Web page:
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Southern Indiana father shares former struggles with social anxiety online

Depression, social anxiety in children is rising. Kyle Mitchell shares his own former struggles publicly online, encouraging others to find help.

LOUISVILLE, Ky. — A year spent out of school during the pandemic has had a huge—and growing—impact on our children. 

Studies from around the world have found that depression and social anxiety are on the rise, and can have profound impacts immediately and later in life.

It’s a struggle that Kyle Mitchell from Southern Indiana knows firsthand—and one that he now has made his mission to help with.

“I just would go into the bathroom, I would sit in the stall, and I would just sit there and I would cry,” Mitchell said, recalling his struggles with severe social anxiety in his teenage years. 

“I would have these thoughts in my head, like, ‘why can’t you do this? Why can’t you make friends with everybody else? You know, why aren’t you normal?'" he said. "That’s when I really had to face my social anxiety right in the face. And it smacked me around, man.”

Mitchell hit his rock bottom in high school, when he said other students noticed his isolation. It forced him to open up about his struggles to his parents and adults at school, which he said was the most important step in finding relief from his social anxiety symptoms.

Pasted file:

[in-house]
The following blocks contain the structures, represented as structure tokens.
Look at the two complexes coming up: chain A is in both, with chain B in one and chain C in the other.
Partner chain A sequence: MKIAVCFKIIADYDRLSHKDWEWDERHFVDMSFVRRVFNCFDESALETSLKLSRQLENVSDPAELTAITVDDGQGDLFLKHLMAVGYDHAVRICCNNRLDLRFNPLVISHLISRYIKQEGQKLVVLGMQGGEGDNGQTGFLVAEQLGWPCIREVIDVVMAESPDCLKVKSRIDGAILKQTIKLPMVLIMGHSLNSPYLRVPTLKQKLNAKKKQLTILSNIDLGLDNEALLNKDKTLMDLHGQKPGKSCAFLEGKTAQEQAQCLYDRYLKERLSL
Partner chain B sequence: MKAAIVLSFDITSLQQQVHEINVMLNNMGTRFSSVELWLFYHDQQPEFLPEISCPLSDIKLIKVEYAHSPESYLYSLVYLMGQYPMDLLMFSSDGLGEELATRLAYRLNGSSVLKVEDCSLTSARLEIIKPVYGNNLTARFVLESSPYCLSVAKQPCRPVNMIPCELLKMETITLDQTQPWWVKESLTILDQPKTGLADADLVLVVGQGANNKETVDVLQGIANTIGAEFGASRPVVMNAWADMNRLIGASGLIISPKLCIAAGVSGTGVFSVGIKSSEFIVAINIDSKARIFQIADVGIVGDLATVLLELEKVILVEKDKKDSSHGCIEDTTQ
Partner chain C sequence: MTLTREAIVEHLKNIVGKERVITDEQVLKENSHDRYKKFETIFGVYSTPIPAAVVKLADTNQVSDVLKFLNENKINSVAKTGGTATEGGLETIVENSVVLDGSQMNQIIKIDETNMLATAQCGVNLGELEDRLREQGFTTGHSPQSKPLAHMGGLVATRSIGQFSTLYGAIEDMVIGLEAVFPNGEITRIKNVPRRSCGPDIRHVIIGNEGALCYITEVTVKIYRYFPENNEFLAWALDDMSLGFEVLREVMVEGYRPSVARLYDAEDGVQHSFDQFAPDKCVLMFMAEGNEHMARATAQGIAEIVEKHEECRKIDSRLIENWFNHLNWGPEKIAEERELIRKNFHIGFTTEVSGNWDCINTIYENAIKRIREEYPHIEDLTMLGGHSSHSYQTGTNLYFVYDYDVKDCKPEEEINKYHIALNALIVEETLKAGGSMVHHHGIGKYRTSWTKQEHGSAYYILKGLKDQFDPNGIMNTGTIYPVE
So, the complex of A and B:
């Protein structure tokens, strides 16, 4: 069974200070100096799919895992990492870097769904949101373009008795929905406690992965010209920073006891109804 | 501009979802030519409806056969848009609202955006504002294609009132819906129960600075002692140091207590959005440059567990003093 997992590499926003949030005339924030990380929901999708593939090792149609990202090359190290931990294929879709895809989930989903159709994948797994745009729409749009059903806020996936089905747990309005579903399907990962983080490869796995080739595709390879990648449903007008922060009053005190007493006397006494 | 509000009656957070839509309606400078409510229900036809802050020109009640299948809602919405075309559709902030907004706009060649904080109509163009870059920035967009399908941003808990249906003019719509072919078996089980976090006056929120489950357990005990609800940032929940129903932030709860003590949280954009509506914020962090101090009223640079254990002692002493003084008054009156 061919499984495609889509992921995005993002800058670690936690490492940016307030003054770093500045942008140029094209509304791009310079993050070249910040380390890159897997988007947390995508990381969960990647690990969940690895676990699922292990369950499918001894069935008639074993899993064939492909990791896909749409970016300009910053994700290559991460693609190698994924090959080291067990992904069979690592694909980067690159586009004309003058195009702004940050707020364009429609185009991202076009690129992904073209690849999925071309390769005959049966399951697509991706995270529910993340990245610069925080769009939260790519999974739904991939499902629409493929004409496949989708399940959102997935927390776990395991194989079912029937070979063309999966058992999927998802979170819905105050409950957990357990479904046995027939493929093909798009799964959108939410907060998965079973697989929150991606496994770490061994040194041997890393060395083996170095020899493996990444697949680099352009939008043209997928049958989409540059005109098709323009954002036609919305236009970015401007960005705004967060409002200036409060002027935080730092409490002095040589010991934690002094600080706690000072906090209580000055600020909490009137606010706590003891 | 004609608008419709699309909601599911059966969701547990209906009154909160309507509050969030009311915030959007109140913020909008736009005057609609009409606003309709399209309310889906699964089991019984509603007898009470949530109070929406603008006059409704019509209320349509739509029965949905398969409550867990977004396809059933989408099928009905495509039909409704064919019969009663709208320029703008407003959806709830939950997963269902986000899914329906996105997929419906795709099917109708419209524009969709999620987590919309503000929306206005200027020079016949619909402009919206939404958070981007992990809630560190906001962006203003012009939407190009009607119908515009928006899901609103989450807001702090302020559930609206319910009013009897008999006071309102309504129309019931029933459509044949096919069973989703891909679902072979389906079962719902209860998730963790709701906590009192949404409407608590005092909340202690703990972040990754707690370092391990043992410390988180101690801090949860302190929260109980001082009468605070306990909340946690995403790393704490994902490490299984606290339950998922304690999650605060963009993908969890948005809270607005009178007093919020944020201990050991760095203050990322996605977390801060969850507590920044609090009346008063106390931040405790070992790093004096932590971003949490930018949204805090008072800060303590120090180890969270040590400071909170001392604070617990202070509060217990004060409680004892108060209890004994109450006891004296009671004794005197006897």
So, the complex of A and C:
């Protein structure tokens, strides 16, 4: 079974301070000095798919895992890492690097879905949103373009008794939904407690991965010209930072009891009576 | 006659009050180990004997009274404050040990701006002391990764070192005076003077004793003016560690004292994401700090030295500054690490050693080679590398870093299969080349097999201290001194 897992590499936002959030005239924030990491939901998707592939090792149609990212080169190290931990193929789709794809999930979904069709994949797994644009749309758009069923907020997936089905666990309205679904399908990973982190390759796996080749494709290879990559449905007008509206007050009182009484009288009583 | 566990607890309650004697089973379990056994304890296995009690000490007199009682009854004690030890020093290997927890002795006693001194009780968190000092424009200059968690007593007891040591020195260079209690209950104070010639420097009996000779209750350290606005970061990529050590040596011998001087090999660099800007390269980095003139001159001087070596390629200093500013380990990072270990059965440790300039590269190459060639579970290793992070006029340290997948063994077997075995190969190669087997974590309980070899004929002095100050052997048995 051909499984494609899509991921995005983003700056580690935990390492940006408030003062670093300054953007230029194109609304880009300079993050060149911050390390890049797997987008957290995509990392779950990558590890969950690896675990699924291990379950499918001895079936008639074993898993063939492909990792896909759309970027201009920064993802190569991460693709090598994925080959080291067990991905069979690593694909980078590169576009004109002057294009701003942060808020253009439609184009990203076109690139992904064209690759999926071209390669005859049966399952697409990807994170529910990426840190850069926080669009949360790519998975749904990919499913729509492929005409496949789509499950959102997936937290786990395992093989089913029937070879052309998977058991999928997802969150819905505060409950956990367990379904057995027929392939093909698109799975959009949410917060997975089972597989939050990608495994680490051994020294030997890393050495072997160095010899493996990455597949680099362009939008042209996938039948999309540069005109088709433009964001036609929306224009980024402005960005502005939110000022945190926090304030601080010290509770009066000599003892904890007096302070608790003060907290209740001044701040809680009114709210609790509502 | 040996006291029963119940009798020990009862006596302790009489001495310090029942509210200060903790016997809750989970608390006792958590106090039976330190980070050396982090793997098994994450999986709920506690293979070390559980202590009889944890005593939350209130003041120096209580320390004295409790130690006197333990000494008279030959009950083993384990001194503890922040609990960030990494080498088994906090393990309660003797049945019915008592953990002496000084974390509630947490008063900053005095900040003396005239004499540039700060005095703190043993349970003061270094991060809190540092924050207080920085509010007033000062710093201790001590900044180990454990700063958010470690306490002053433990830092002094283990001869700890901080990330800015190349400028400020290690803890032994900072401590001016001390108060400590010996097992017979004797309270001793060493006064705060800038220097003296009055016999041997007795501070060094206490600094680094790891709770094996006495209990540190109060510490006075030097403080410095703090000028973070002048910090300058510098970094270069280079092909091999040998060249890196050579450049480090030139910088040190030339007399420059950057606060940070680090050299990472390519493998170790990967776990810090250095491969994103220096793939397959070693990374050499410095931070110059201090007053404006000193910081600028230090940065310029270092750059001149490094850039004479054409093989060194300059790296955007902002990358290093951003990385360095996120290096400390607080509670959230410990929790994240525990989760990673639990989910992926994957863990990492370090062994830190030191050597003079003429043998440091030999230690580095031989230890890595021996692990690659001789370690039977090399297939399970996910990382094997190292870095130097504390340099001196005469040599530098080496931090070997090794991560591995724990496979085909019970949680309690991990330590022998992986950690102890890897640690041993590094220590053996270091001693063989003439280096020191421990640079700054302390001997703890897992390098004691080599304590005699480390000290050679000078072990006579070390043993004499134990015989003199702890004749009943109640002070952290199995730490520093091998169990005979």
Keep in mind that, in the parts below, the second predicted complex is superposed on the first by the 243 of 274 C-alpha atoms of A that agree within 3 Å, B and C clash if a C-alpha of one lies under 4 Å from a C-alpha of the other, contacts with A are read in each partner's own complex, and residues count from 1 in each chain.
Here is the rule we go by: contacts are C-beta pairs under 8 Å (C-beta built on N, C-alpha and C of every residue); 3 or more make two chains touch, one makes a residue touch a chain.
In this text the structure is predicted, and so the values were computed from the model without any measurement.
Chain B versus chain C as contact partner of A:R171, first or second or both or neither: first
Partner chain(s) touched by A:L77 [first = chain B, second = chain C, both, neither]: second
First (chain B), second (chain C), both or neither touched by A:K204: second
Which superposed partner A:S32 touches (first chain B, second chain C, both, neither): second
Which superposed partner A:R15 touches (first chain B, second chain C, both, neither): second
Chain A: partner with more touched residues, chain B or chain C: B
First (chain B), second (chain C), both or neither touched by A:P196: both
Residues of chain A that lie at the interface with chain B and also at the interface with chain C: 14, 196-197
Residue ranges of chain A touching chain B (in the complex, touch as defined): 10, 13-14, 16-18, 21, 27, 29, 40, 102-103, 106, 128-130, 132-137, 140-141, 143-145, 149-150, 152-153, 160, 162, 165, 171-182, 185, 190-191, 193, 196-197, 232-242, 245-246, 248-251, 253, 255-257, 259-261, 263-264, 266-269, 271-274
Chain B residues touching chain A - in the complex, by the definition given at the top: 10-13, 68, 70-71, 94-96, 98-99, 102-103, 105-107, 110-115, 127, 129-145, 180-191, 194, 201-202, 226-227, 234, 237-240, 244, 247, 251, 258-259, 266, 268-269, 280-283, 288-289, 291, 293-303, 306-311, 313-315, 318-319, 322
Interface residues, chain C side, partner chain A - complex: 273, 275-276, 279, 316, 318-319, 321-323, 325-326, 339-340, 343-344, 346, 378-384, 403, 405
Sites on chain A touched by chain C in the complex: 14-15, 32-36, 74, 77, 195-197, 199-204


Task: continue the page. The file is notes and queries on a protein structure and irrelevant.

In college, he pushed himself further to get out of his comfort zone and manage his mental health. 

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Now at age 28, Mitchell is sharing his former struggles publicly and encouraging others to find help. Under the Instagram handle @SocialAnxietyKyle, he posts regular videos and inspiring quotes. 

He also speaks in front of large live audiences, something he would have never even dreamed of at the height of his anxiety.

“I started to build an audience, and I started to get lots of messages from people saying ‘Thank you, you’ve helped me so much,’” Mitchell said of his Instagram following. “I even have people tell me that I’ve saved their life. And I mean, how can I stop when people are telling me that? I just love it so much, like it lights me on fire.”

Mitchell’s message for our youth was important before 2020; but, after social isolation through the pandemic, it has become increasingly valuable to our kids as they emerge from social distancing and try to find their ‘new normal’ in school. 

RELATED: Louisville organization offering suicide prevention training courses

The University of Calgary analyzed nearly 30 global studies, and found the prevalence of child and adolescent depression and anxiety symptoms have nearly doubled during COVID-19. More than 20% of youth now report experiencing some sort of anxiety. 

Mitchell, though, sees a silver lining in this cloud.

“I think COVID has been positive, in a sense, on the side of mental health because it’s brought it to the forefront,” he said. “A lot of people are having to take on their own mental health for maybe even the first time.”

If social anxiety is causing severe problems for you or a family member, professional help might be the best option; but, there are things you can begin doing right now to help ease symptoms. 

For Mitchell, and millions of others, meditation has become a daily practice. And as a father now himself, Mitchell has gotten an early start on mental health conversations with his young kids.

RELATED: There is hope: List of resources for suicide prevention, emotional support


Contact reporter Rob Harris atrjharris@whas11.com. Follow him onTwitter (@robharristv) andFacebook

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